I think that if you have to create a rule then it should be worded along the lines of having to ask if someone wants a hug. If you are trying to teach children when physical contact is appropriate then you can ban hugs during lessons when they are supposed to be focused on their learning.

PrincessTwilightStoleMyToddler · 29/09/2018 07:39

Ah. You see, I would really really have appreciated a rule like that when I was at school. Would have prevented a huge amount of the unwanted touching that a lot of us (female) pupils had to deal with. It is so so easy for even a lovely, genuine “huggy” person - which I am sure your son is - to perfectly innocently misread someone and hug someone who will feel pretty upset and violated by someone touching them. So I can completely understand where the school is coming from. Besides, most of the time your DS is at school he is in a classroom setting, where touching is not appropriate, so this only limits break times, surely? Can’t they just hug outside of school time?

MissusGeneHunt · 29/09/2018 07:47

Sad, but if its become necessary because of inappropriate touching, 'thems the rules'.

But will it inhibit that swathe of inappropriate touching? Does it make the toucher think twice? Statute laid down doesn't appear to.

Maybe at a time of the promotion of MH awareness in schools, this could be a difficult one... Sometimes a YP who is distressed, or just plain sad, might need that hug, then and there, and not wait til 4 o'clock.

I dunno, I'm in two minds and see both sides. Sad that it's got to this though I think.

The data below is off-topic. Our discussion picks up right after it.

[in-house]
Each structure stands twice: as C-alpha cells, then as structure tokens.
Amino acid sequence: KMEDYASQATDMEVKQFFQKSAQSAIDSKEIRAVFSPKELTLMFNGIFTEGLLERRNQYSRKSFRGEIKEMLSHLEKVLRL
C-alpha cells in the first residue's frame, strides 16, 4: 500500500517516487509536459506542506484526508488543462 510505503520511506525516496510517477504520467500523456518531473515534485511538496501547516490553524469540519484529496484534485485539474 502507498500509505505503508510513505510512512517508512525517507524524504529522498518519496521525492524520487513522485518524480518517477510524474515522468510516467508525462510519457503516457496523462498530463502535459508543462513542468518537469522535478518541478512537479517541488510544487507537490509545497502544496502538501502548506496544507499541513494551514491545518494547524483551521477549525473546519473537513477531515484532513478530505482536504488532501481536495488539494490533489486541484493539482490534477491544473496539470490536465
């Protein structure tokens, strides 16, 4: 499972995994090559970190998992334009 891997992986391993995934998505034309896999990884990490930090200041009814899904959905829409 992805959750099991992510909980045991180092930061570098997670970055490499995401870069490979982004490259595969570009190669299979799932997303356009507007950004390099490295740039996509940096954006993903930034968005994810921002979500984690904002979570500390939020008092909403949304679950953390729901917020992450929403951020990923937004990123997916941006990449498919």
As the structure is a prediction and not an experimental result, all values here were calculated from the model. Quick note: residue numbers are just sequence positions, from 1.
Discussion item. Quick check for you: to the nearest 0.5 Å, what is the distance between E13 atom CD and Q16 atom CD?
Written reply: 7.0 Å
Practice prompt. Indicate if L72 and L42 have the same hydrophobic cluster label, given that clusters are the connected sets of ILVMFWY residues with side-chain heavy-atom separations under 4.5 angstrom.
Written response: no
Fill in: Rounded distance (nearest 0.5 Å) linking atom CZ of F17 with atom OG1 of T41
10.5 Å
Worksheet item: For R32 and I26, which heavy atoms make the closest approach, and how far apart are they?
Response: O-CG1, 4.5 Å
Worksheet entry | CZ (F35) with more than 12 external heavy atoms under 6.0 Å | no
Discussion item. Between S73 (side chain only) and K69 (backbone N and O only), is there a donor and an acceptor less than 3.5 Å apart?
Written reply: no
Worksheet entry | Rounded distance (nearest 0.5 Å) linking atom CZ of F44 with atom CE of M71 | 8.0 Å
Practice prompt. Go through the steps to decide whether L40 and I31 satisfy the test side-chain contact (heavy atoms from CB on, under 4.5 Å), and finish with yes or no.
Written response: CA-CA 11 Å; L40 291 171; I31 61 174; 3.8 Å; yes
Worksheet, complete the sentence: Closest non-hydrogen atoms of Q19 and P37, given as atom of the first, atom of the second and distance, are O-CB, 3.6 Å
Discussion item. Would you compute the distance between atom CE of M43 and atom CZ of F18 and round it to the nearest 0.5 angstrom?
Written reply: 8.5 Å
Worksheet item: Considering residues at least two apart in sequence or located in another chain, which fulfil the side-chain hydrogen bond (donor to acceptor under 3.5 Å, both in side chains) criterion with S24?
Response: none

AjasLipstick · 29/09/2018 08:05

It would be ok if they could guarantee all the children's safety wouldn't it? But they can't because most secondary schools are massive, cold and impersonal places.

Not places which are good for children really.

I was sexually assaulted in secondary school three times, one of them was very violent. Every time was by an older boy...three different ones.

So whilst you might think "aw...what about affection?" the children can get that out of school hours. And the rule ensures safety. Or at least goes some way towards that.

SilverApples · 29/09/2018 08:29

If he’s going to live and function in the world, he will have to learn that some rules will make him sad, but if they are the same for all, then it might be easier for him to adjust. In the same way my non-tactile child had to learn not to shove huggers violently away.
Secondary has lots of learning curves and pitfalls for all new students, he can hug friends out of school.

Marie0 · 29/09/2018 14:11

Lots of responses thank you - I’m also a hugger - but yes I appreciate it’s not for everyone

OP posts:
InertPotato · 29/09/2018 14:14

Well, the world's gone mad innit. Pretty sad stuff.

Marie0 · 29/09/2018 14:16

I know I feel very sad - someone just accused me of being a troll- I don’t know why

OP posts:
KatieMarieJ · 29/09/2018 14:19

What an enormously sad state of affairs. I would consider such a place dysfunctional. How have schools got to this point?


Don’t want to miss threads like this?


Sign up to our weekly round up and get all the best threads sent straight to your inbox!

Log in to update your newsletter preferences.

You've subscribed!

InertPotato · 29/09/2018 14:31

Ignore, that happens regularly.

SilverHairedCat · 29/09/2018 14:45

This was the same when I was at school between 1992-1997, so it doesn't strike me as anything out of the ordinary I'm afraid.

That said, I've no recollection of it being stringently enforced, nor or any molesting taking place (though of course there may well have been both happening, it was a school of 600 pupils).

Marie0 · 29/09/2018 15:28

Lol at PlantsArePeopleToo - a girl after my own heart - I'd do the same!!

OP posts:
Please create an account

To comment on this thread you need to create a Mumsnet account.